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Out of the Ordinary

King cake takes the crown

Danielle Adams

King cake sparkles with goodness

Traditional Mardi Gras dessert remains a favorite

King cake season is almost over as Fat Tuesday is fast approaching. This dessert is typically served during carnival season, lasting from Epiphany Eve to Fat Tuesday.

The king cake is actually a brioche: a sweet, bread-like dough that is rolled and twisted into an oval shape and then typically drenched with icing and topped liberally with three colors of dyed sugar. The colors are traditional Mardi Gras colors: green represent faith, gold symbolizes power and purple stands for justice. Sometimes beads are also placed on top as decoration.

The name of this sweet treat comes from the bible’s three kings who visited baby Jesus on the 12th night. Catholic tradition celebrates the visit of the three kings to Christ Child on Jan. 6, Epiphany Eve. The practice of baking a cake to honor the Magi dates back to 12th century.

The oval shape of the king cake represents the journey of the Magi. A trinket is usually hidden in the cake. The trinket was traditionally a bean, these days, however, the most common trinket is a small plastic baby doll (to represent baby Jesus). Due to concerns about sanitization and choking hazards, many bakeries now include the trinket separately from the dessert.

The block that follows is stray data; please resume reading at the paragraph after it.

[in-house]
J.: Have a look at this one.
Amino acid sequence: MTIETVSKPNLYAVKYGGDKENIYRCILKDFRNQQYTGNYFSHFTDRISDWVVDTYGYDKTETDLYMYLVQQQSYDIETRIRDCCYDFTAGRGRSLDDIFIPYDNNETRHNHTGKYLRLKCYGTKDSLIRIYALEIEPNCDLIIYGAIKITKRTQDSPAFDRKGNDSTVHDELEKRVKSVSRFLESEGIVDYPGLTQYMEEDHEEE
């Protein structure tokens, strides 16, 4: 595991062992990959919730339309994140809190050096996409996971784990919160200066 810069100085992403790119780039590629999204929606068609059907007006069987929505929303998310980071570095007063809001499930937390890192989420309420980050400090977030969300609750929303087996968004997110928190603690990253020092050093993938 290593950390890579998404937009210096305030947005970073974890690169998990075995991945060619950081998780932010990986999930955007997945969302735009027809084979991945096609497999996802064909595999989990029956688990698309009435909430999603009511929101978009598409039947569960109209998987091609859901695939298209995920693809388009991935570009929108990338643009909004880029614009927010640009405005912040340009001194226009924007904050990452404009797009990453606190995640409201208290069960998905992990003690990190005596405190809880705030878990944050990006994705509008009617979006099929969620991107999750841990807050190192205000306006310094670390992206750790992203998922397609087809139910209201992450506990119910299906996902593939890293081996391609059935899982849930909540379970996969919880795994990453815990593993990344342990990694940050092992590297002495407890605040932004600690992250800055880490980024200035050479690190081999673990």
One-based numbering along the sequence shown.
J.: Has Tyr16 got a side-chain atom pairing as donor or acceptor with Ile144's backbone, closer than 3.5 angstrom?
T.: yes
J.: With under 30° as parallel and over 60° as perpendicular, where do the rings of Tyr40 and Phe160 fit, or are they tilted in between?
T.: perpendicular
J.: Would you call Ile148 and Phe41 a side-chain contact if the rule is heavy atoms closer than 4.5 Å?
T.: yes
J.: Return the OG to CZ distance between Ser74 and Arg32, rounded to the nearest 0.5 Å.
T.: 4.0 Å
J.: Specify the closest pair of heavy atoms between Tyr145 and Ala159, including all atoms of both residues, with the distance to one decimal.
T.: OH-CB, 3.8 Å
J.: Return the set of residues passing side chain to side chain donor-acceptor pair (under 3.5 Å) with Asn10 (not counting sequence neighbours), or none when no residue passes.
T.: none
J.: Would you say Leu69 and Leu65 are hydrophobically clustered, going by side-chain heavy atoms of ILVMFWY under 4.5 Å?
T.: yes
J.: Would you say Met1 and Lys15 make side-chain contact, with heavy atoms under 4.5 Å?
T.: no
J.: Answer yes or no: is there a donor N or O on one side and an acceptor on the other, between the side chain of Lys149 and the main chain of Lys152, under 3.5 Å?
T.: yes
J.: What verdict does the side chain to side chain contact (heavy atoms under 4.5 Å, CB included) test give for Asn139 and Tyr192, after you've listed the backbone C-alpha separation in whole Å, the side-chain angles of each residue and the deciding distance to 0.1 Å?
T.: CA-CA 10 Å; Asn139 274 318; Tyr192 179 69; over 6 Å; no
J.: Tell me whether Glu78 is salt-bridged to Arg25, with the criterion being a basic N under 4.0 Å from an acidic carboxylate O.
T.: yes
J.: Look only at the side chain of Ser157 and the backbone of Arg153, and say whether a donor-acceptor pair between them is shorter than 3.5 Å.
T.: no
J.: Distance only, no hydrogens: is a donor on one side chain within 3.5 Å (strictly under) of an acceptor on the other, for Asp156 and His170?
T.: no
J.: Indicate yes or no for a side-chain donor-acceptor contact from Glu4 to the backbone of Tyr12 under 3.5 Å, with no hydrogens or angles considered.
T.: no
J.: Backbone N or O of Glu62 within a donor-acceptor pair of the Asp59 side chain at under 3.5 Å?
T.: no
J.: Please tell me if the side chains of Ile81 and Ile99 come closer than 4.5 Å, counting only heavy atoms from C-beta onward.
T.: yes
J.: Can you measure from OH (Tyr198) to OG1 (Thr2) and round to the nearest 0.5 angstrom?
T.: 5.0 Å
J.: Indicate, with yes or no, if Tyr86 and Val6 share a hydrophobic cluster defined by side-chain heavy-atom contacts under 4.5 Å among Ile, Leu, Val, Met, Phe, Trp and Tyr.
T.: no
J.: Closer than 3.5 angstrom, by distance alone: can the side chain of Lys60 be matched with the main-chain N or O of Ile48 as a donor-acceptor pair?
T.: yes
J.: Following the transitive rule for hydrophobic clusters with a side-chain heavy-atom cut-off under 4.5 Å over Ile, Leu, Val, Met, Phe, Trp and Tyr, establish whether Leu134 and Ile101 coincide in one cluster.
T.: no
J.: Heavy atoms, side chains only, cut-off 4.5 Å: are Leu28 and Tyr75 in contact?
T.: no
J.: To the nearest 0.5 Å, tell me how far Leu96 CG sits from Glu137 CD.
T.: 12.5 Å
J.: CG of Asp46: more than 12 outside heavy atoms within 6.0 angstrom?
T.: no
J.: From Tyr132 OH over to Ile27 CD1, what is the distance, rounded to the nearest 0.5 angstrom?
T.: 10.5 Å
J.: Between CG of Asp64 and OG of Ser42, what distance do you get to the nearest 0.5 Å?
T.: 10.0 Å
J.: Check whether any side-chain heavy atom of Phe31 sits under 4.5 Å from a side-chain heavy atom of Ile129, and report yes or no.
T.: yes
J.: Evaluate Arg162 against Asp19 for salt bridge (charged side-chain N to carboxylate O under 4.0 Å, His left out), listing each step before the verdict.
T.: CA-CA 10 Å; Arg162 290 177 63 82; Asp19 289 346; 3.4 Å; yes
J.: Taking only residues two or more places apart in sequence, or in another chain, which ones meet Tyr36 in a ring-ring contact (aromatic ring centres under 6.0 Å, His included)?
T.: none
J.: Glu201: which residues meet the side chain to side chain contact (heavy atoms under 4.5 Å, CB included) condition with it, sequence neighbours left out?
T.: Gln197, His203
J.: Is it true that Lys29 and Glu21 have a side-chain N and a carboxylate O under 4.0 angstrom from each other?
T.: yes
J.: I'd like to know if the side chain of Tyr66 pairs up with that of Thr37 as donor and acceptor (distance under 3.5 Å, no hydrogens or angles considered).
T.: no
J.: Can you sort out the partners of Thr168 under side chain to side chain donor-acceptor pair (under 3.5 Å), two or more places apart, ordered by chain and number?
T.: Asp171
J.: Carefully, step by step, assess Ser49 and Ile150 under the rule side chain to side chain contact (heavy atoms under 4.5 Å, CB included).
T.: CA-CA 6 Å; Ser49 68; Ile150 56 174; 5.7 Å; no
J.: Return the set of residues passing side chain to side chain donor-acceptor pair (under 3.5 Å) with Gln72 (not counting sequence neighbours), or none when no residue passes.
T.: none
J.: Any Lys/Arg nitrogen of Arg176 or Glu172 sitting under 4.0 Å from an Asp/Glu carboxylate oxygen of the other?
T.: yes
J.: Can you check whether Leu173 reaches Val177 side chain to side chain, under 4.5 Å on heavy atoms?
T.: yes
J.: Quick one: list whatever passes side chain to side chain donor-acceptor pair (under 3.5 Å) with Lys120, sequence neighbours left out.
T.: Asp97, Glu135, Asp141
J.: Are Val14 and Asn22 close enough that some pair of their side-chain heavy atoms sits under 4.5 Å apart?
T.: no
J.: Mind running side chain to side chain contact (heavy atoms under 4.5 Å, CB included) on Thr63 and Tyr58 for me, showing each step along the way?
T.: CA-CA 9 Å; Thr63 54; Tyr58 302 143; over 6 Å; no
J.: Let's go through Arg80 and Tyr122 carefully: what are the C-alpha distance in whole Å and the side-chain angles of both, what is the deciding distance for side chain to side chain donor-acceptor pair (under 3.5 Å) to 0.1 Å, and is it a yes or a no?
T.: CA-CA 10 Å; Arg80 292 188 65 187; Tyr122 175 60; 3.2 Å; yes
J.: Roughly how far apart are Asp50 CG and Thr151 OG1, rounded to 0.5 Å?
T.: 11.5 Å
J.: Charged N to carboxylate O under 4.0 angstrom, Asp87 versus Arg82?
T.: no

In times past, the person who found the trinket was declared king for the day and was pronounced to have good luck for the coming year. Nowadays, the person is usually required to perform some sort of obligation, such as hosting the next Mardi Gras party.

The term Mardi Gras is French for Fat Tuesday and refers to the practice of eating rich and fatty foods before the fasting season of Lent, hence the tradition of this indulgent treat

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